Our #cyberpd book club continued to read Conferring: The Keystone of Reader's Workshop by Patrick Allen. This week's focus was on Part 2: What Are the Essential Components of Conferring?
Shut Up and Listen
The most essential component jumped off of page 127 for me, "Being a good listener means we do have to 'shut up and listen' or how else will we know what we need to teach!"
As my 13-year-old would say, "DUH!" As teachers we have a habit of talking all the time. As I read more about conferring, I've come to realize that this is a time for our students to show us what they are working on. The more years I spend in the classroom (and as a parent), the more I realize that time spent one-on-one with a child makes such a positive impact on their learning and their self-esteem.
Our job, as strong readers, is to be a nurturing reading mentor to our students. Patrick wrote, "Nurturing inquiry comes by sharing our experiences as readers and helping children uncover their own growth and needs and insights."
Patrick wrote about his father, a bricklayer, in the book's introduction. My family is full of tradesmen - bricklayers, electricians and builders. They all learned their trade from a master when they were apprentices. I have come to see my students as reading apprentices as well. No matter their learning style, we need to show them (modeling, think aloud) and guide them on their decisions about text.
The RIP Model
This was an easy model for my brain to follow. The model that Patrick recommends we use to confer with students is the way most people approach a conversation with a friend.
R review, read aloud, record: start out with what you talked about in your last conversation. Ask the student to read aloud from a text. Record your thoughts.
I instruction, insights, intrigue: not only are you looking for a strategy you can reinforce, you are also looking for the student's insights into the text, and their questions. (I love the word intrigue!)
P plan, progress, purpose: The final part of the conversation is to find out their plans as a reader, see what progress they've made on goals they set at the last conference, and set a purpose for future reading.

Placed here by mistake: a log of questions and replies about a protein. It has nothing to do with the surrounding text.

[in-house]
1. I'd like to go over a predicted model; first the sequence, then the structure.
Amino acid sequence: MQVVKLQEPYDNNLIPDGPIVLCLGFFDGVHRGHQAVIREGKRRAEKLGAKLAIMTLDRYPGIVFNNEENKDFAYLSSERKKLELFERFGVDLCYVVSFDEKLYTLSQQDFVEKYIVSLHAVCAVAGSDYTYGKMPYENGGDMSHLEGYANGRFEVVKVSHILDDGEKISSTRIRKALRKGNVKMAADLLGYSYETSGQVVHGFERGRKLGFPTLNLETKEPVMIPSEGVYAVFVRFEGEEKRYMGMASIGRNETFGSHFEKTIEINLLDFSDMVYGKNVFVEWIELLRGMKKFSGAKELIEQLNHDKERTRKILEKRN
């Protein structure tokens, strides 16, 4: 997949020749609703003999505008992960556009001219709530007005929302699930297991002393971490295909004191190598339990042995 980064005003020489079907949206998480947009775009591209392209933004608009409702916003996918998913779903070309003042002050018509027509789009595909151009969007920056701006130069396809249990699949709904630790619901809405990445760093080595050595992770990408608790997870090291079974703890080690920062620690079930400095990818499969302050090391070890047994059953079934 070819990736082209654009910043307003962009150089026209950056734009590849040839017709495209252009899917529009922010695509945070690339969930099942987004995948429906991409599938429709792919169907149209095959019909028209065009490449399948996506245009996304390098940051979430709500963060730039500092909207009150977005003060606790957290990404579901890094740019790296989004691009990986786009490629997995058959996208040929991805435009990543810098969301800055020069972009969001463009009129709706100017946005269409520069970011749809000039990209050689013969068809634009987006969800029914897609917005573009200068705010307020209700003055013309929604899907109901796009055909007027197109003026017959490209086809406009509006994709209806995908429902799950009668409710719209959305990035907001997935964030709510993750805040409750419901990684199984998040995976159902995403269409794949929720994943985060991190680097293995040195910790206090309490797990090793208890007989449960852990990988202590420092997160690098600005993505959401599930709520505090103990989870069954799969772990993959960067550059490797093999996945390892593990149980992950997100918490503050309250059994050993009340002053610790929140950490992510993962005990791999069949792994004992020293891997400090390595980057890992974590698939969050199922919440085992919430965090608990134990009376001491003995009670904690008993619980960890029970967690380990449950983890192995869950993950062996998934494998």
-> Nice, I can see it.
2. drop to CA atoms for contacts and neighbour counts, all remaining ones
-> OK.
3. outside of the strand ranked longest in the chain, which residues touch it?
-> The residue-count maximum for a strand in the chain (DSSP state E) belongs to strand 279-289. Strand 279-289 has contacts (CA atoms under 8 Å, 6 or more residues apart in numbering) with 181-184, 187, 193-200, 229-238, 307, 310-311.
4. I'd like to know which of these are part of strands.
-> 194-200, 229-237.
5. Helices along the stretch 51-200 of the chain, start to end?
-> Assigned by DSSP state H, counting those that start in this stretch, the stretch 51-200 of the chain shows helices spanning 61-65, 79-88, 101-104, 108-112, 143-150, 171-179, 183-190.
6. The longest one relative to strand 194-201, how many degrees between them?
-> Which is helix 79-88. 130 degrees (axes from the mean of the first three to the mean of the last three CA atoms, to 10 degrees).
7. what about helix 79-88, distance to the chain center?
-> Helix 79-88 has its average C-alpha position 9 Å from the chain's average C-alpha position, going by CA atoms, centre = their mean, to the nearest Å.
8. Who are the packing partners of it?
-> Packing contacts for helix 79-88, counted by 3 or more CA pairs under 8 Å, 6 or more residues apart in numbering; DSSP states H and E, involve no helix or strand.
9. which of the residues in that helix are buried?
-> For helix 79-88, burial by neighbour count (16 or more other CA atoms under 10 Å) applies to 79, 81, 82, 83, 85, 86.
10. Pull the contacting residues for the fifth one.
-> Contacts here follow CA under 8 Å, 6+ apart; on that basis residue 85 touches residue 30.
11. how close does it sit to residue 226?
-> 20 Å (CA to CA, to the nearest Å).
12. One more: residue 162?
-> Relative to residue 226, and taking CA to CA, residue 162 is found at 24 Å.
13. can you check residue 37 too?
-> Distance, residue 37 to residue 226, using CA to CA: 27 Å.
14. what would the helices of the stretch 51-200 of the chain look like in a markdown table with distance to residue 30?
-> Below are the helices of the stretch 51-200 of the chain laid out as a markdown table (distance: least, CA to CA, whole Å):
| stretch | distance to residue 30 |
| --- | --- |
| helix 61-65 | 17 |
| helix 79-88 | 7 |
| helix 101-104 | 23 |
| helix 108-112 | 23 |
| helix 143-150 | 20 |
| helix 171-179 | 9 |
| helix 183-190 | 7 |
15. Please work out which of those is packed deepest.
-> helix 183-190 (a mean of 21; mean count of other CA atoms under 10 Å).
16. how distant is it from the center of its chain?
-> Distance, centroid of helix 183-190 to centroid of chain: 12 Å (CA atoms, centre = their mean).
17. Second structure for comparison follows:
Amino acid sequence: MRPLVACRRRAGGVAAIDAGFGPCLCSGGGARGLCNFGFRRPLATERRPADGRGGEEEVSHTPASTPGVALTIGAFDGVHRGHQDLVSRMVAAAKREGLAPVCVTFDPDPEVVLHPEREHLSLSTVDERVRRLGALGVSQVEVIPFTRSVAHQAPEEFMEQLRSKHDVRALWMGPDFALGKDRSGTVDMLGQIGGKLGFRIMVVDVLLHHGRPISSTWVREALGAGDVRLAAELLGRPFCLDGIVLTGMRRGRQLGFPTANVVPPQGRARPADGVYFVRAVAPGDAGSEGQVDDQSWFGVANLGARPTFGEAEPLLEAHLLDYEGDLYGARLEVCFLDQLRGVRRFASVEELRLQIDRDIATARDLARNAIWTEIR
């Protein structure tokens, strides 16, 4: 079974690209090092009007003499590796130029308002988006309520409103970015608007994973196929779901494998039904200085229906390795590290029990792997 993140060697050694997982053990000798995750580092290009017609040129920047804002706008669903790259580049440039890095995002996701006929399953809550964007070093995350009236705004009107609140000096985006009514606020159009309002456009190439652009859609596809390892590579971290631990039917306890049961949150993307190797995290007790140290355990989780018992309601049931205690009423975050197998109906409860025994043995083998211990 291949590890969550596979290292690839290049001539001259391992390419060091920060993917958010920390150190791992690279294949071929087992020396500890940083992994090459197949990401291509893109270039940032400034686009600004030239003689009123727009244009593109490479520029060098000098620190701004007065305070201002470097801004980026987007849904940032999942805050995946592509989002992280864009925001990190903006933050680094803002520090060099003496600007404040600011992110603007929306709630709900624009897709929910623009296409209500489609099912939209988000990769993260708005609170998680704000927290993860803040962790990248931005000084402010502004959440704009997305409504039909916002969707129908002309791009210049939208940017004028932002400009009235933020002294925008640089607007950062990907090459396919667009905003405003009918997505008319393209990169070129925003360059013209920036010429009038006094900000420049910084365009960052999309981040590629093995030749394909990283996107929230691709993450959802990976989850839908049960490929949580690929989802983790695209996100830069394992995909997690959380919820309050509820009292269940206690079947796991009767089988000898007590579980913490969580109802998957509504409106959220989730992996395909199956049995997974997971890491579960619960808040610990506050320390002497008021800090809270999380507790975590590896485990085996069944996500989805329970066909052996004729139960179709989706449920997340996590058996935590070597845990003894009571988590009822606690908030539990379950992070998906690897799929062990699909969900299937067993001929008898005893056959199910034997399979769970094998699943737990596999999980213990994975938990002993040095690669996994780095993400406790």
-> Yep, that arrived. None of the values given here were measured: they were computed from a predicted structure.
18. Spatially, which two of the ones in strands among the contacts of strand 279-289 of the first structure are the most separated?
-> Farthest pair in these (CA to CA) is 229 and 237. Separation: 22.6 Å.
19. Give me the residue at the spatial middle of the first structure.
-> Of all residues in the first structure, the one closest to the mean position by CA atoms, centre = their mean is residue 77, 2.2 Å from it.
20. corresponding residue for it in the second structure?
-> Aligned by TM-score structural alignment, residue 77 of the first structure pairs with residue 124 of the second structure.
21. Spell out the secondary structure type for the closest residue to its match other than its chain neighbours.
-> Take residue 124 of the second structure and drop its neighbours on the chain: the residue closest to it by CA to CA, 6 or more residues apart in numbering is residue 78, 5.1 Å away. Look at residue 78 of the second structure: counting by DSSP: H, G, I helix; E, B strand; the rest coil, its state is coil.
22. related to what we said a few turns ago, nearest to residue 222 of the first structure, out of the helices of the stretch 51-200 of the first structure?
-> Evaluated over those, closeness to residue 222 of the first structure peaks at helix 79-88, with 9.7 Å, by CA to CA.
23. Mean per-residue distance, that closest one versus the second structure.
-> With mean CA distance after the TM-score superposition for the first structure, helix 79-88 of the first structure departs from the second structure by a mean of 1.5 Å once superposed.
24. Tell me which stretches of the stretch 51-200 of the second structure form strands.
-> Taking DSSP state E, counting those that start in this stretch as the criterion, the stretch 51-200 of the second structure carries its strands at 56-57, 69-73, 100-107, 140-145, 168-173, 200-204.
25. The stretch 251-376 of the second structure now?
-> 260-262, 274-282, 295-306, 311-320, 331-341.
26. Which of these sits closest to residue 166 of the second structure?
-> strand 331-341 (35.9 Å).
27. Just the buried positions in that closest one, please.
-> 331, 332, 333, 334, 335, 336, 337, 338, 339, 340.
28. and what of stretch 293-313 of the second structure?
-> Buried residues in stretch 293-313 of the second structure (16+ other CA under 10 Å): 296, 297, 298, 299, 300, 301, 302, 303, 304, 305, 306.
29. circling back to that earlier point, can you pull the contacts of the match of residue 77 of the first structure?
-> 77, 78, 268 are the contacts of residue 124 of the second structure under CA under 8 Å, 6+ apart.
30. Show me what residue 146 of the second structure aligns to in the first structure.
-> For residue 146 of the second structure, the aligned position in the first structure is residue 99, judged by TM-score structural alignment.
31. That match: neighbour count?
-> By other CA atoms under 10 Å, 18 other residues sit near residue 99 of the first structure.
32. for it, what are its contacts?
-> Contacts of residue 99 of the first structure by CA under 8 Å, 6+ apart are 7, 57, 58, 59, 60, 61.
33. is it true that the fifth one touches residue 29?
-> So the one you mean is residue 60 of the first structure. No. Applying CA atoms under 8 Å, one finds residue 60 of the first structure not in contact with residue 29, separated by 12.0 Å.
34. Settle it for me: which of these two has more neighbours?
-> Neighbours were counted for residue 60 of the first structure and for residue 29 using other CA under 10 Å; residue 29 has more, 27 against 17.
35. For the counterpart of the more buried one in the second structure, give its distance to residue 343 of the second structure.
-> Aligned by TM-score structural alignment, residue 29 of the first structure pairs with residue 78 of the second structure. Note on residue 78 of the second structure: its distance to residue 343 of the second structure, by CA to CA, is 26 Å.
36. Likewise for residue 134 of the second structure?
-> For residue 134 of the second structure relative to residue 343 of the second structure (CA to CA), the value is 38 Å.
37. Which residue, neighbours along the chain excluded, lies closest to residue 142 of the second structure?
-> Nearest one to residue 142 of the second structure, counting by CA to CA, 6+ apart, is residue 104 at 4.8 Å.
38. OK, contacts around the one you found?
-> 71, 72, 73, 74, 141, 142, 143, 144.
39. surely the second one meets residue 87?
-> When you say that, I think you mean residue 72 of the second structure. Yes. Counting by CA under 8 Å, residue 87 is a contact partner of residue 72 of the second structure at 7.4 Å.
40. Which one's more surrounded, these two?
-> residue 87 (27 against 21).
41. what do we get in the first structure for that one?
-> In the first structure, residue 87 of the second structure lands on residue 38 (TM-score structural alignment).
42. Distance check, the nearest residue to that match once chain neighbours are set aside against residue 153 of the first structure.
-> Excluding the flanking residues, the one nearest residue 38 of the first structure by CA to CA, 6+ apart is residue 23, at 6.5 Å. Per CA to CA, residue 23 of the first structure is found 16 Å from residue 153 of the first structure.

Conferring Versus Collecting
Oh, boy, did this section ring true with me (you did notice "chaos" in the title of this blog, right!?). I have tried everything to keep track of anecdotal notes in my classroom. Patrick lists many ways (binders, index cards) and I've tried them all. I think that Patrick's conferring form, following the RIP model, will be a great vehicle to try again. I think I'll make 1" binders for each grade level that I work with (K-5), then put tabs for each student in the binder. I've tried to store all my student data in one binder, but that got too bulky. I'm always up for a trip to my favorite office supply store!
"When I sit with my child's teacher..."
On pages 138-139, Patrick poses the question, "How might we make note of what we see and what we've learned?" He then writes about how we have become data collectors in order to prove our work is helping students improve. That's fine, but Patrick points out that as a parent, he would prefer to hear from a teacher how his child is connecting with books. He writes, "I want her teacher to say to me, 'Recently I sat down beside Lauryn and discovered...' That is the data I want."
As a parent, I can't agree more. I understand that my child is a dot on a graph, but I really want to know how she is connecting her learning in school to her life experiences.
When we confer with students, we are giving them a chance to show their learning, and we are giving ourselves a chance to know them as individuals. Only then can we begin to teach them.